SGX said it will list its new India equity derivative products in June, providing participants continuity with their India risk management exposures. Photo: Aniruddha Chowdhury/Mint
Mumbai: National Stock Exchange of India Ltd (NSE) is studying the technical and legal aspects of Singapore Stock Exchange’s (SGX) new product that mimics NSE’s Nifty, two people aware of the matter said.
Indian exchanges had on 9 February decided to bar overseas exchanges from trading in Nifty derivatives, in an attempt to check migration of trades away from Indian exchanges. Two months later, on 11 April, SGX announced a new product which works just like the Nifty index, bypassing the Indian exchanges.
According to the first of the two people, NSE’s latest move is to ensure that the SGX product does not violate Nifty trademark rights or the Indian exchanges’ decision to prevent use of data feeds to trade on overseas platforms.
“If NSE finds a violation, then the exchange will explore further options such as negotiations, regulatory intervention even an Intellectual Property (IP) infringement case,” this person said on condition of anonymity.
“We are examining the matter and discussing with SGX to better understand the product. Any future course of action will be dependent on our assessment of the situation after getting a full understanding of the situation and it would be premature and incorrect to speculate at this time on what that might be,” an NSE spokesperson said in an emailed response.
Last week, SGX said it will list its new India equity derivative products in June, providing participants continuity with their India risk management exposures. It will delist all derivatives contracts, including Nifty futures, which were based on a partnership with NSE.
SGX will use the closing Nifty price to settle its new contracts.
According to an SGX circular to its members, it will continue to offer trading in Nifty futures and options but only by a different name. Mint has seen a copy of the circular.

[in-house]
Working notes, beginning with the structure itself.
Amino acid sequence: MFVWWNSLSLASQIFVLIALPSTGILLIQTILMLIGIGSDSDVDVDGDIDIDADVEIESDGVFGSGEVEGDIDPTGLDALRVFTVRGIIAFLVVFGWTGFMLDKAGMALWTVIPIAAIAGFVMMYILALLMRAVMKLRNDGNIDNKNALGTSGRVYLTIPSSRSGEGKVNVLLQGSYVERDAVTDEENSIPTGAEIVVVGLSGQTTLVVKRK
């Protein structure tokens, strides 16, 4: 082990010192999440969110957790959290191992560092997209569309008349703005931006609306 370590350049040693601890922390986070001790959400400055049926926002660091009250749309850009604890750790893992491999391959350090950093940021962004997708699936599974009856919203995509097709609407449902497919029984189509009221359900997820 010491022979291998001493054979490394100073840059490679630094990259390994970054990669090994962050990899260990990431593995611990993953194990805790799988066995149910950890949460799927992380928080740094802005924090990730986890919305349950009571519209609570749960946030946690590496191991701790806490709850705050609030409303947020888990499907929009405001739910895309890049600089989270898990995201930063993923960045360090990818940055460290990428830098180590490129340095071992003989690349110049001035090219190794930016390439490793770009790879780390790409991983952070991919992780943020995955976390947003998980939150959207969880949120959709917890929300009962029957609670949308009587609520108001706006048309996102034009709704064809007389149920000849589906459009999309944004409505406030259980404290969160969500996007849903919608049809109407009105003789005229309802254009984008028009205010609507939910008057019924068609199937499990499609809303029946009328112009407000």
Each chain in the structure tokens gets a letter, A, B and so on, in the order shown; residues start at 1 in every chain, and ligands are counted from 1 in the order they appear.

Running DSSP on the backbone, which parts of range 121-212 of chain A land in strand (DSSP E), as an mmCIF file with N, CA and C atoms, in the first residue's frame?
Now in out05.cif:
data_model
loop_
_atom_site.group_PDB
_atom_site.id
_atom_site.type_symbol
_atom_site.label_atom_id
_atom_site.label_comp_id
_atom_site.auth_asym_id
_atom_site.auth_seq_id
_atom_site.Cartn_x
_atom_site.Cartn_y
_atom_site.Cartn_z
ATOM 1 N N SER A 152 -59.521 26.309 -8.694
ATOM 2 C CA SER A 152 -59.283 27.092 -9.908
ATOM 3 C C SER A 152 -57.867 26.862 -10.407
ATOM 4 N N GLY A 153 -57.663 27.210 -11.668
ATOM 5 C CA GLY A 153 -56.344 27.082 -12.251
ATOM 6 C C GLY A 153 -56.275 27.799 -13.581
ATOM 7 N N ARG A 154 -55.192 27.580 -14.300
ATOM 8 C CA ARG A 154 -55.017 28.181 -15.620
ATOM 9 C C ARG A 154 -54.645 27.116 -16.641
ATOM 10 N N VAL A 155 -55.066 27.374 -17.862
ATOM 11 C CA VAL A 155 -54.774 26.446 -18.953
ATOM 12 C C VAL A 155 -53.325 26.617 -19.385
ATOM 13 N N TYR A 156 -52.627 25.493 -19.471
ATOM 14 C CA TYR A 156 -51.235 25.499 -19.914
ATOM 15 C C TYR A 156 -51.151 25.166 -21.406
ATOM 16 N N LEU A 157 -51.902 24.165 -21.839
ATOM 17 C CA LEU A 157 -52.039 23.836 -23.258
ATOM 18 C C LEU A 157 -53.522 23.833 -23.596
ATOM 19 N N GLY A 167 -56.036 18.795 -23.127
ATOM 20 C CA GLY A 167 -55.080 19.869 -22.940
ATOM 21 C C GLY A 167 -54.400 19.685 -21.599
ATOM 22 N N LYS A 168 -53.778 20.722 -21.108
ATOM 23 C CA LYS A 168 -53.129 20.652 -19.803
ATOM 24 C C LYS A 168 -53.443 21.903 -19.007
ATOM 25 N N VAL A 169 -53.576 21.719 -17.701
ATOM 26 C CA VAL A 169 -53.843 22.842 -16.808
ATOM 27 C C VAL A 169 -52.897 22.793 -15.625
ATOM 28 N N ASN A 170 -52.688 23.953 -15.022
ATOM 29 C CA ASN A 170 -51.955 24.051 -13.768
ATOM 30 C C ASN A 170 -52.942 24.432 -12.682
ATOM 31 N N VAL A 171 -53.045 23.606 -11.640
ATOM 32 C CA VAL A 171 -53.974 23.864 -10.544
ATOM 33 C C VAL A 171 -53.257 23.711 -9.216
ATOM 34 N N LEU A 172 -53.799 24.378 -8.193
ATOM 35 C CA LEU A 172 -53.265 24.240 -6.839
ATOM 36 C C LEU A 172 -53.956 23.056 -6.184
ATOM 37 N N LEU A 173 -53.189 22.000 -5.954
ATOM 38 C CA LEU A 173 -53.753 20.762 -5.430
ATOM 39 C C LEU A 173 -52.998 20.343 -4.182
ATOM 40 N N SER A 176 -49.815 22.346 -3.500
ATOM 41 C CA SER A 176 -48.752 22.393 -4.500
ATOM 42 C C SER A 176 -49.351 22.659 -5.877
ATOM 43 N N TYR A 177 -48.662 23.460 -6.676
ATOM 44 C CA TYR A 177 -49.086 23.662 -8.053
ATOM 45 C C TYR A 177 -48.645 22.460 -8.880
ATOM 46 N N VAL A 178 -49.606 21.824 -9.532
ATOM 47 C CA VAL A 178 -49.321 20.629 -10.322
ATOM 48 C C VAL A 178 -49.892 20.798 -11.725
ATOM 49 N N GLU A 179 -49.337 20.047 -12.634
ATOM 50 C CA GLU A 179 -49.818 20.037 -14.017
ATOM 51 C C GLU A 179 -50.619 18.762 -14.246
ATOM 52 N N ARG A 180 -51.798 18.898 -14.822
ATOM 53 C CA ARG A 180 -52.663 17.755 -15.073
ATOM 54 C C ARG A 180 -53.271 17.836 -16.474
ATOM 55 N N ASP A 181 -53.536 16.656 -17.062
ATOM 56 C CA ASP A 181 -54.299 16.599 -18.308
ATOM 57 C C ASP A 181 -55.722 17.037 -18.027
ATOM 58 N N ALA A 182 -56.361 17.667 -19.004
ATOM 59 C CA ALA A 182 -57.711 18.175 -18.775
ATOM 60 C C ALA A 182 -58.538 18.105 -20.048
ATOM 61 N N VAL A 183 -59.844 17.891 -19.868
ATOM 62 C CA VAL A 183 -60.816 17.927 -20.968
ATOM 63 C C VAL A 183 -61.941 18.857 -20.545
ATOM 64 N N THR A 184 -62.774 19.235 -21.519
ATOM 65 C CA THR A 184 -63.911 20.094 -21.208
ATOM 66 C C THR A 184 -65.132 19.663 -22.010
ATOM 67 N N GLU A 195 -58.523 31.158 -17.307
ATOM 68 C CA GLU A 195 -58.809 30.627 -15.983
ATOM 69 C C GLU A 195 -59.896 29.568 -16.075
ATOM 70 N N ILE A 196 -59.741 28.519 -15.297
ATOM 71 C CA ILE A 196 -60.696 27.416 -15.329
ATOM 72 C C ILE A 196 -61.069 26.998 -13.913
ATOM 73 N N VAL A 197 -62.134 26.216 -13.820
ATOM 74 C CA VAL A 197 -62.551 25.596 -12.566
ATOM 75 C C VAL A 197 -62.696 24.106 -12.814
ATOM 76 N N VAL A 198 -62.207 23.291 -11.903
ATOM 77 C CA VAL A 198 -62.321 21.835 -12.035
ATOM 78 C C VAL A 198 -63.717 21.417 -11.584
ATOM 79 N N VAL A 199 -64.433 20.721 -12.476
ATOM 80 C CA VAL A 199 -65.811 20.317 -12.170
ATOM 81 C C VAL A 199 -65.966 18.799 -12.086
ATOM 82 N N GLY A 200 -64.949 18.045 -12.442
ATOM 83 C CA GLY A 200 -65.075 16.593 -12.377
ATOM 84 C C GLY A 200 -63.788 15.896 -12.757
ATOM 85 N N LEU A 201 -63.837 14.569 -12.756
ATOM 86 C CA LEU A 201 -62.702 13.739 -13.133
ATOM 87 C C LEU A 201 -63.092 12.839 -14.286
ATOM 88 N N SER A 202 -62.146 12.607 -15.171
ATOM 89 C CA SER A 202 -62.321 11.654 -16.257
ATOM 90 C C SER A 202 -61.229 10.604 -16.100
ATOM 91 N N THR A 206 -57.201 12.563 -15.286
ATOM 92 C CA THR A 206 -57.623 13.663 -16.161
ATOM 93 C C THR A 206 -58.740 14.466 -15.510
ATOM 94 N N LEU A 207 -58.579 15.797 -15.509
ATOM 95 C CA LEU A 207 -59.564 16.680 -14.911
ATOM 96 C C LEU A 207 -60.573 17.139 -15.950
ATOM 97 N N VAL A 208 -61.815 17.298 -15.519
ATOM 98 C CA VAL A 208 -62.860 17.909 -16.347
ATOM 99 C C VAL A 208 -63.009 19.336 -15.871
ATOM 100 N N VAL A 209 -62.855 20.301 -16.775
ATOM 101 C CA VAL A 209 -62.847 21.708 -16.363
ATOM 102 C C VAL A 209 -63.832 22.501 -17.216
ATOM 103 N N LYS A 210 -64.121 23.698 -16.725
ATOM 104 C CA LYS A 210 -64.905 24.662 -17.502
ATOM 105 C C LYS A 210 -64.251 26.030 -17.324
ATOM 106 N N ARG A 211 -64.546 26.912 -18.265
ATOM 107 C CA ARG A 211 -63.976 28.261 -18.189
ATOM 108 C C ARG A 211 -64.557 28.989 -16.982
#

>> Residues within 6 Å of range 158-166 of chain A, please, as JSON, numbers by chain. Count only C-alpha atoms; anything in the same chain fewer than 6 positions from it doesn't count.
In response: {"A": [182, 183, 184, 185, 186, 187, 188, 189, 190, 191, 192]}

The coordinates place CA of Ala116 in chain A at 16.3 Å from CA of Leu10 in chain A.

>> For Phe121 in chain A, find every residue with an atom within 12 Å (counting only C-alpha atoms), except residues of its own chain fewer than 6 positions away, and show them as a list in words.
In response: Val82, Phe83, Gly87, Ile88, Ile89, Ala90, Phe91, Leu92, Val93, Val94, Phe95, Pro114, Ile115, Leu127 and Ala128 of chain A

“It appears that SGX will not be using any of the Nifty trademarks. It is also understood that SGX has regulatory clearances on the products,” a person familiar with exchange businesses said on condition of anonymity. SGX can take comfort from a US judgement of August 2007, when the New York Mercantile Exchange sued Intercontinental Exchange Inc.
The court ruled that settlement prices cannot be copyrighted, and all participants are free to use them.
“It is not so simple and not possible that they will not be using any copyrighted work. NSE’s legal team is coordinating with the technical team and is currently examining the product contours to look for any possible violation, if found NSE can take a legal action. However, the action will be deliberated as it could lead to further souring of relations between NSE and SGX,” said the second person, also on condition of anonymity.
According to the first person, SGX’s move will also set a precedent internationally. “No one has used the entire index’s settlement price. Even here, SGX may find it difficult to consolidate liquidity and require market making,” he said.
In India, exchanges such as Multi Commodity Exchange Ltd (MCX) use settlement data of overseas exchanges to settle gold and crude oil contracts. But for such usage, MCX has permission or arrangement with overseas exchanges.
“Unlike SGX, which will be using settlement data without consulting with NSE, NSE has an arrangement with LBMA (London Bullion Market) for settling its gold contracts, and with NASDAQ for settling its single stock futures contracts,” said the second of two cited above.
Meanwhile, the latest SGX move also puts a question mark on the so-called GIFT connect with SGX. NSE has not commented on its plans for GIFT connect yet.
“We have been in discussions with SGX and regulators to look at alternative structures to transition the SGX liquidity to GIFT City,” said a spokesperson for NSE.